What Causes Water Retention and How to Avoid It


Water retention, also known as fluid retention, refers to an excessive buildup of fluid in the circulatory system, body tissues, or cavities in the body.” – Medical News Today Our bodies mostly consist of water. Water is located in our blood, bones, muscles and organs. While our bodies certainly need water to function, it can sometimes hold too much of it – this buildup of water in our body is called water retention. Water retention manifests physically, making the body appear abnormally swollen.

In most cases, short-term water retention itself is not a serious problem, nor does it cause any serious health dilemmas. However, water retention over the long-term can produce unsafe effects on the body. Underlying health conditions that may produce fluid retention as a side-effect include cirrhosis of the liver, heart failure, kidney failure, preeclampsia (a dangerous, pregnancy-related condition), and premenstrual syndrome. Water retention may result from a number of things. Here are the top five reasons that we retain water (and suggestions on what to do).



Sodium (i.e. salt or table salt) is an essential nutrient that serves a number of important functions, but we only require small amounts. Too often, the foods we eat have excessive amounts of salt, inducing fluid retention and weight gain.

Recommendation: First, know the recommended amount of sodium intake: 2,300 milligrams or less per day, according to the Food and Drug Administration (FDA); this may sound like a lot – but it’s only about a teaspoon of salt. Second, limit your salt intake by using alternatives, such as herbs and spices. Cumin, dill, garlic, ginger, oregano, onion, sage, and pepper are all viable choices. Lemon juice, mustard, and vinegar may also add some flavor without all the salt.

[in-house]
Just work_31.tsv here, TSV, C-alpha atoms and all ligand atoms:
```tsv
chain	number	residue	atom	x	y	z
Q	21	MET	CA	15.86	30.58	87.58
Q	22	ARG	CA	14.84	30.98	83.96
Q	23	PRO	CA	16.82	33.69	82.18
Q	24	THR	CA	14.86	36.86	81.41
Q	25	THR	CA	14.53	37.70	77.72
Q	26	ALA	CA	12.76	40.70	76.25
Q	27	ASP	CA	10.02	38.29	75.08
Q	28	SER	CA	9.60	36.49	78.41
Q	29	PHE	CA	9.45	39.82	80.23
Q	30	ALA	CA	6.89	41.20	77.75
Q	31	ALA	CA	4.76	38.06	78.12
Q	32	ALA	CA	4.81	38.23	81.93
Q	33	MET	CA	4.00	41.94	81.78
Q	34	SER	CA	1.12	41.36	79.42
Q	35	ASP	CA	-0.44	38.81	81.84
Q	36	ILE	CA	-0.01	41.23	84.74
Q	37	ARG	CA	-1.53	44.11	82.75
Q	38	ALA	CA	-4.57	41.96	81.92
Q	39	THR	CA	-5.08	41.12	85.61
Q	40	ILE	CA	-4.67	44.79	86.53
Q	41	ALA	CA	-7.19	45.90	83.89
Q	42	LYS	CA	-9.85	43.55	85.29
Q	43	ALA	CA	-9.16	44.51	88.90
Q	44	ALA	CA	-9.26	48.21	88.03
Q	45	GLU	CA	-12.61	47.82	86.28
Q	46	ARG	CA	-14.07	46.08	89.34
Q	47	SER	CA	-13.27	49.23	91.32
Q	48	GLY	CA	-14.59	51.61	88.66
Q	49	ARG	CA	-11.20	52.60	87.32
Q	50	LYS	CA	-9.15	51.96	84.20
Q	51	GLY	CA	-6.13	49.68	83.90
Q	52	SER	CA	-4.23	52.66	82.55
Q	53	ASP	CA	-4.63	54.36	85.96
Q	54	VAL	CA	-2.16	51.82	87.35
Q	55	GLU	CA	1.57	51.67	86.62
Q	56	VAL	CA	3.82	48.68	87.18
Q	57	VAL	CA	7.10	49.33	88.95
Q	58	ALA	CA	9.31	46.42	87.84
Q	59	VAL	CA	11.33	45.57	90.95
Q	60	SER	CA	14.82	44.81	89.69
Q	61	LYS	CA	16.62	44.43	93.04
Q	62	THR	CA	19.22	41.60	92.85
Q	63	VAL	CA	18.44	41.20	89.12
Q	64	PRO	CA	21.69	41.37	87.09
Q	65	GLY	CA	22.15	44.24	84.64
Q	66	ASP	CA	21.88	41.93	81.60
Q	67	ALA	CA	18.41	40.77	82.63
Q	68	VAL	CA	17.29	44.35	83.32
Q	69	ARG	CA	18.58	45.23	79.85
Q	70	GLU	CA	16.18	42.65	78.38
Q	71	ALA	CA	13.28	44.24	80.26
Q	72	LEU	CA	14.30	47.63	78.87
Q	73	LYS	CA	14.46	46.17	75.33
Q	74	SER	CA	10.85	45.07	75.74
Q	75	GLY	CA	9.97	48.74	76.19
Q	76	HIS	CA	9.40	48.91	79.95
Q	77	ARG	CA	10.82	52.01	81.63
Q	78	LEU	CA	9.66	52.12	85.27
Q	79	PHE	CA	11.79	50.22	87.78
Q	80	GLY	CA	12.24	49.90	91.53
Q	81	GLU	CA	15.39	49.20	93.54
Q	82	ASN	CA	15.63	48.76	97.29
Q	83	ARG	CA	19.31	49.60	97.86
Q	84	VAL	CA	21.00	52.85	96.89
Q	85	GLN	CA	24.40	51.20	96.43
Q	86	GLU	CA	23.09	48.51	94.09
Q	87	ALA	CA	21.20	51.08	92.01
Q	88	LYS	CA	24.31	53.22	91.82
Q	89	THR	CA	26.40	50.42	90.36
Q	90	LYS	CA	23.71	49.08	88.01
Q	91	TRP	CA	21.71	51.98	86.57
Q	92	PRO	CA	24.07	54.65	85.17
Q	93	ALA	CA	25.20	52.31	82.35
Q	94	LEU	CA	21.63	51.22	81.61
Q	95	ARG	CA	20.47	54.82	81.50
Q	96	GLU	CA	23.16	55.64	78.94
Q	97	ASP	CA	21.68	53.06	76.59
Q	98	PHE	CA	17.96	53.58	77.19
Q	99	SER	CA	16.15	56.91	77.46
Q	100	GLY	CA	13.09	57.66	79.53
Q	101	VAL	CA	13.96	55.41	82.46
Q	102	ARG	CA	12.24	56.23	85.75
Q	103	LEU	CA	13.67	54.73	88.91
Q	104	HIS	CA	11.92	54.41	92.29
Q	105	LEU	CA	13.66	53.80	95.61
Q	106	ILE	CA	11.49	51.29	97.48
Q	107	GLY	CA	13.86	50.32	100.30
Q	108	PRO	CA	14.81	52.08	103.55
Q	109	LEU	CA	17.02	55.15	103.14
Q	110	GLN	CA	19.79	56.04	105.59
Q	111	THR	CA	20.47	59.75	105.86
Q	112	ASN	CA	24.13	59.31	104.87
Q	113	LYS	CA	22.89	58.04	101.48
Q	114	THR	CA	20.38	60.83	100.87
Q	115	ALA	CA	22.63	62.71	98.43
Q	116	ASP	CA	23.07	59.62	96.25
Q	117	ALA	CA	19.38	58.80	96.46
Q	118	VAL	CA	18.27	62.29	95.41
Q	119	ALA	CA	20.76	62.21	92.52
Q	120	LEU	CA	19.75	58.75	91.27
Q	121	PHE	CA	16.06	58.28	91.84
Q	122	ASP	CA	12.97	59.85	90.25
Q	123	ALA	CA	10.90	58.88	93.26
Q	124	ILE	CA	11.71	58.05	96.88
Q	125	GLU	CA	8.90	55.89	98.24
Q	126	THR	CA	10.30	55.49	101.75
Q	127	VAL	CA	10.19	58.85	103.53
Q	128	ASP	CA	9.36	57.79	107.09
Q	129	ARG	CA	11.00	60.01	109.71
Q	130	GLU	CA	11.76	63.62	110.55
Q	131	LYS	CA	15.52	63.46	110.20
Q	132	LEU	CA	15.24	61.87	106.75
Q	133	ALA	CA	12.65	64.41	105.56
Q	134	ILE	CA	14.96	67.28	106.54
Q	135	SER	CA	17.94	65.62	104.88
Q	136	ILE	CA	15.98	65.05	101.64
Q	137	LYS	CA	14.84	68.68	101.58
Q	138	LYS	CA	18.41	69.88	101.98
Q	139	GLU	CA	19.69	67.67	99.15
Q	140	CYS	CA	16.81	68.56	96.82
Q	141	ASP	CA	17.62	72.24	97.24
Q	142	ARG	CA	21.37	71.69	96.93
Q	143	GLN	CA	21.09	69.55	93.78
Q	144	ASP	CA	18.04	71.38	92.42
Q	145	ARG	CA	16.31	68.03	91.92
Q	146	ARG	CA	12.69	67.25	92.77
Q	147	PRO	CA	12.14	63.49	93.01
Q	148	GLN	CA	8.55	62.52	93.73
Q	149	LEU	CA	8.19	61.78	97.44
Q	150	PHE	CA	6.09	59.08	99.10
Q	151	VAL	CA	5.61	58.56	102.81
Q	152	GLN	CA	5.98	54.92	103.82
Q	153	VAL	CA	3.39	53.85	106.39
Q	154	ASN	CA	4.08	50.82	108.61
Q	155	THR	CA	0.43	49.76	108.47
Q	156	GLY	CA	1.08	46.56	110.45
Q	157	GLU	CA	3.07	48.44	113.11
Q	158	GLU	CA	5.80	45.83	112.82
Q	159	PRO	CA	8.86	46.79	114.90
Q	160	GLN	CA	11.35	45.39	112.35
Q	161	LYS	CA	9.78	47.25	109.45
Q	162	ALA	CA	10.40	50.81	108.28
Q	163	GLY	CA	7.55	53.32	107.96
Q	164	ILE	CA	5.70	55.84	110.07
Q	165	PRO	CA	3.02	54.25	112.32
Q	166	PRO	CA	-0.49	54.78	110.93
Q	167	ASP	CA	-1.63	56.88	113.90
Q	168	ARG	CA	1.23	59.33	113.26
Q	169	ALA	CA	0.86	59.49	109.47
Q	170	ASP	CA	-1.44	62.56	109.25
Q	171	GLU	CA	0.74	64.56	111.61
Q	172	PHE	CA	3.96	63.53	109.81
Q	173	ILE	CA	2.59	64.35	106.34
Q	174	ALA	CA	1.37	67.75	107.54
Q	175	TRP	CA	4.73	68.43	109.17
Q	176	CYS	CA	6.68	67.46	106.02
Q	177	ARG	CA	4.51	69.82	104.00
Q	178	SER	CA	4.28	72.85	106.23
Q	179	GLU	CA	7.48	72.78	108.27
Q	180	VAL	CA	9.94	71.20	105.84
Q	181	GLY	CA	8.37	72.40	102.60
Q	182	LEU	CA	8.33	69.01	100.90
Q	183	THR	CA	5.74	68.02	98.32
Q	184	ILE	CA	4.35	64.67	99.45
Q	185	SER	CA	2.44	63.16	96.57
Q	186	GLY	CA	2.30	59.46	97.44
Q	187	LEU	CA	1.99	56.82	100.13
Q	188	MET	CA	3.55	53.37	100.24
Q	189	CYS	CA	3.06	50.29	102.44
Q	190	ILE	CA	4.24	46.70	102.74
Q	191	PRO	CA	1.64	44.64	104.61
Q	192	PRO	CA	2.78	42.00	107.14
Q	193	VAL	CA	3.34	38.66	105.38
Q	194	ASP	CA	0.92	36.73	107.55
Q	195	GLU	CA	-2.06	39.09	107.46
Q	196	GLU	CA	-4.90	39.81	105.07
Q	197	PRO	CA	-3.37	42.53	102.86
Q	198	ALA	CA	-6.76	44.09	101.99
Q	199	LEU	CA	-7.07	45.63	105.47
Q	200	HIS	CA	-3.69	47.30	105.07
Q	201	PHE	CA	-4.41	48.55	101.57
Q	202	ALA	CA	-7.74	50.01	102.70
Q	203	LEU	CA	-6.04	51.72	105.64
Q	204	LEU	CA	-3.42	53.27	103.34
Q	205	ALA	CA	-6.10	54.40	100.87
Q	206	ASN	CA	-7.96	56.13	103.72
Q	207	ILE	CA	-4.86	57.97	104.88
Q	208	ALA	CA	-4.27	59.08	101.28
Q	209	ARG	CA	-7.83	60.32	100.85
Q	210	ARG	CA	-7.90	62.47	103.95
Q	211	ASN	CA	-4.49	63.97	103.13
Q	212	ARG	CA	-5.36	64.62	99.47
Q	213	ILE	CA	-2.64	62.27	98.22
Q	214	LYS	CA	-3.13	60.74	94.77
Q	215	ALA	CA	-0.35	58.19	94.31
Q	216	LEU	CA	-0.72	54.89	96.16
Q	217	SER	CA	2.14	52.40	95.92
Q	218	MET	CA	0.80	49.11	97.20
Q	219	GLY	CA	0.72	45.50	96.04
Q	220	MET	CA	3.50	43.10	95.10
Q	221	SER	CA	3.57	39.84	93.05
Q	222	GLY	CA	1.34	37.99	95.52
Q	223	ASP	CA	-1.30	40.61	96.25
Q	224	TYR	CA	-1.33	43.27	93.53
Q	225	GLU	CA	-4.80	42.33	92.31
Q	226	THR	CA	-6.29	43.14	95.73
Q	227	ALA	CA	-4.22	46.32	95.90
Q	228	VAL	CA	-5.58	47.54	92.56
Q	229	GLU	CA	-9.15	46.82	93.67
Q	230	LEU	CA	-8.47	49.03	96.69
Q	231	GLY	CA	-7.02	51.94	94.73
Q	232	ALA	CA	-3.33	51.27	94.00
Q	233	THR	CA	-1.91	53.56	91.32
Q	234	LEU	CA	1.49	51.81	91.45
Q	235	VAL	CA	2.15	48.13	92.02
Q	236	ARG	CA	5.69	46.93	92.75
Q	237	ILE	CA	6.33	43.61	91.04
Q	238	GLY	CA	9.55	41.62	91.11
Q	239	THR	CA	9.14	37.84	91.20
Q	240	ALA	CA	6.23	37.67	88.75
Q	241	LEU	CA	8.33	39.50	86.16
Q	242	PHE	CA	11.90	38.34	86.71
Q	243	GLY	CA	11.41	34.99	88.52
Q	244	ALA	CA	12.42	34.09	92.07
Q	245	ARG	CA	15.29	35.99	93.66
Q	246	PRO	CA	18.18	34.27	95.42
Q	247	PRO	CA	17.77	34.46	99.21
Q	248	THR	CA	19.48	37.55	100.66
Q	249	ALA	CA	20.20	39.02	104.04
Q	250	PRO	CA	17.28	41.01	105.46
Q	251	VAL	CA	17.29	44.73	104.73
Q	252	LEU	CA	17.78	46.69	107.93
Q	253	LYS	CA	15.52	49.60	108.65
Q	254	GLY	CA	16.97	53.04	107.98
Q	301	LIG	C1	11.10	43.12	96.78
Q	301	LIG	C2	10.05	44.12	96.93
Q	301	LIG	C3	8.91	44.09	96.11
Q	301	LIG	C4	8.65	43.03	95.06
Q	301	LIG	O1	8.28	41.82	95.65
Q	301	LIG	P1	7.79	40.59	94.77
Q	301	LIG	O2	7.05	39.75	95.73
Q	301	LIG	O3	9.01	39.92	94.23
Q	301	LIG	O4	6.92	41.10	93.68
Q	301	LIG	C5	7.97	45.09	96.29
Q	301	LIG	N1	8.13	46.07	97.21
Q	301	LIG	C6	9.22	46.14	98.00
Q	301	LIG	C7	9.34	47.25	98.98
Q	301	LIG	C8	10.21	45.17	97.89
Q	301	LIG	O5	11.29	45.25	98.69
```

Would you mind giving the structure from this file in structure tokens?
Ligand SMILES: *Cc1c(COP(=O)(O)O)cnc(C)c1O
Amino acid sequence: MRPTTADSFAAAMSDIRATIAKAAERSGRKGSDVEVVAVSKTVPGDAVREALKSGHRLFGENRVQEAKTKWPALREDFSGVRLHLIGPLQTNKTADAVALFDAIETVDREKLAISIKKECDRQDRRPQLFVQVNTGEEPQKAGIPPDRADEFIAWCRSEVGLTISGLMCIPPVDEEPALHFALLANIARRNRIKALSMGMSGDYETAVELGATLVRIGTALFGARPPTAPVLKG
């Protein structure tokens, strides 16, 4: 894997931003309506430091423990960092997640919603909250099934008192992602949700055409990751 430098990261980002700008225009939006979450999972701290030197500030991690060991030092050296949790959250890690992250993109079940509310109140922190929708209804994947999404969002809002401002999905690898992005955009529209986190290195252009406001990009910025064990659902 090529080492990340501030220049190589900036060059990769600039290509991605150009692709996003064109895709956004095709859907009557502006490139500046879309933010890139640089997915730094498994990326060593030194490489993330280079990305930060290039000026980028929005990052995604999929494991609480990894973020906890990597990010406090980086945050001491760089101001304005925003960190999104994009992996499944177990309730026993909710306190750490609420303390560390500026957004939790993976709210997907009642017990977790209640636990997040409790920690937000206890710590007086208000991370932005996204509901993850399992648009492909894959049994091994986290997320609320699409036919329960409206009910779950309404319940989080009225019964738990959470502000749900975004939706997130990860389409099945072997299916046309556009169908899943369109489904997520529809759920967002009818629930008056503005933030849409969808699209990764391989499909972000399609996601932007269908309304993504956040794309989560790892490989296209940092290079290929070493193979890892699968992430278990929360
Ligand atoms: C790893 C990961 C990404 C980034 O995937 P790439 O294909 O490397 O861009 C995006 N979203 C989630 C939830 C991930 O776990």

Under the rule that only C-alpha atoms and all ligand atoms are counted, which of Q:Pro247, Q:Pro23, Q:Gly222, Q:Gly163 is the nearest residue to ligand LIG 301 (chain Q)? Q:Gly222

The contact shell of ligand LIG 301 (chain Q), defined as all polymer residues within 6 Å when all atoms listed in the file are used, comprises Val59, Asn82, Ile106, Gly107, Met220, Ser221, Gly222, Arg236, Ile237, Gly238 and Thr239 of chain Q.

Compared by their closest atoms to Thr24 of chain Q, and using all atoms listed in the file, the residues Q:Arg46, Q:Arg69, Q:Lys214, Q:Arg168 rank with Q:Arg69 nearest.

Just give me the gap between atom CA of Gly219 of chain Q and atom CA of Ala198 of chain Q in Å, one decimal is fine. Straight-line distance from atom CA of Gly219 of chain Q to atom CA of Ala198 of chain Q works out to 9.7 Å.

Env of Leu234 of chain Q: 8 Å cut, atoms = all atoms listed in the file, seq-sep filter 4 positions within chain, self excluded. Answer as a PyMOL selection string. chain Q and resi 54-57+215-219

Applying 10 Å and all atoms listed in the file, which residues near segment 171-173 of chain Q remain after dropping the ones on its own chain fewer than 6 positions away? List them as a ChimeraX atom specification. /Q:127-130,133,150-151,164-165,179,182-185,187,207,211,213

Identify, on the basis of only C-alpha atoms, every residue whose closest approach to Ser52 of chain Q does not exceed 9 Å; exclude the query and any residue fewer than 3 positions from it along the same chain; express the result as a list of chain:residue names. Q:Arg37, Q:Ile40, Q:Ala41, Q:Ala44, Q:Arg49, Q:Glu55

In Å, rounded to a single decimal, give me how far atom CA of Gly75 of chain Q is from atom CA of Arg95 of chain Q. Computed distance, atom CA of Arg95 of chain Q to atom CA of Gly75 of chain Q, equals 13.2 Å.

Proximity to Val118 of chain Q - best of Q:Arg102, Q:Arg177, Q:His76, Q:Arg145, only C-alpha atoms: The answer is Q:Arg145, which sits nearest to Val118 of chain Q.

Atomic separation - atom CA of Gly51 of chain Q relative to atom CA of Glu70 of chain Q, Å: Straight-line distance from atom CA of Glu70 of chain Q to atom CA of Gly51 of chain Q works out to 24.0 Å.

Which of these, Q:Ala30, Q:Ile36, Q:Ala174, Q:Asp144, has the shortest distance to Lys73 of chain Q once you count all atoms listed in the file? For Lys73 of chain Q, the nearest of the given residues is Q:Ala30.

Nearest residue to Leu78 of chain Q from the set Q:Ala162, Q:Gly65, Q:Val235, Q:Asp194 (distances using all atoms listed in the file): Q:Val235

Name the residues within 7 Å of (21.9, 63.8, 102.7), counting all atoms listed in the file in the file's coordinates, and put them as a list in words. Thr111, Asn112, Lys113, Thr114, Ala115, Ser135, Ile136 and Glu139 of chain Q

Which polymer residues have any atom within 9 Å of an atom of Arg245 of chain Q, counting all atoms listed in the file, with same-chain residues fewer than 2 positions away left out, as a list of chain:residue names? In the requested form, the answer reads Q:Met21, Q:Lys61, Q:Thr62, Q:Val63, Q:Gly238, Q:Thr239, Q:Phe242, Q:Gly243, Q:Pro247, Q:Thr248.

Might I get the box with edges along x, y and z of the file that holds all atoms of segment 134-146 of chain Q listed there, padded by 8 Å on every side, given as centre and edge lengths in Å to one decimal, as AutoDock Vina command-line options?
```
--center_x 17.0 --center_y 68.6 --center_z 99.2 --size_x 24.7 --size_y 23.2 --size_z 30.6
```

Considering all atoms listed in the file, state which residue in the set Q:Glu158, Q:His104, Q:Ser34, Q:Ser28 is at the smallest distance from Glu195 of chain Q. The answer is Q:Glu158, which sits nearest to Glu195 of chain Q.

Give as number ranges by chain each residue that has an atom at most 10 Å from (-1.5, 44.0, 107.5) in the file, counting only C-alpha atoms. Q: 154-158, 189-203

Sitting or standing for an extended period causes body tissue to hold water. Having a sedentary, inactive lifestyle can also cause water retention. Either scenario produces physical symptoms, including swollen ankles and legs. Recommendation: It is important to keep blood circulating throughout the body. If your job requires you to sit at a desk all day, use your breaks to get outside and move around a bit. Park further away from the building, so you can enjoy a refreshing walk in before a long day’s work. Take the stairs instead of the elevator. Don’t be afraid to get creative! If you’re inactive, it’s important that you first understand the benefits of exercise. You don’t need to train like Jillian Michaels or Gunnar Peterson – try getting 15 to 30 minutes of light to moderate exercise three times per week.


Many prescription medications list water retention as a side effect. Rx meds known to increase fluid retention include antidepressants, beta-blockers, blood pressure medication, chemotherapy medication, and over-the-counter NSAIDs (non-steroidal anti-inflammatory drugs). NSAIDs are worth paying particular attention to, as the drugs are used by more than 30 million Americans on a daily basis to relieve various kinds of pain. The most common NSAIDs are aspirin (Bayer, Bufferin, Excedrin), ibuprofen (Advil, Motrin), and naproxen (Aleve). Recommendation: Tapering off Rx medication requires consultation with a physician. The reason for medical oversight are the withdrawal symptoms often experienced as the body adapts to lower amounts of the drug. A doctor’s visit may also be wise if you notice excessive swelling from NSAIDs or other pain-relieving medications.


It’s very common for women to experience severe bloating during perimenopause (early menopause) and menopause – which is often a byproduct of “water retention, intestinal gas, decreased bile production, or a combination of the three.” CLICK NEXT PAGE BELOW TO CONTINUE READING …

To Top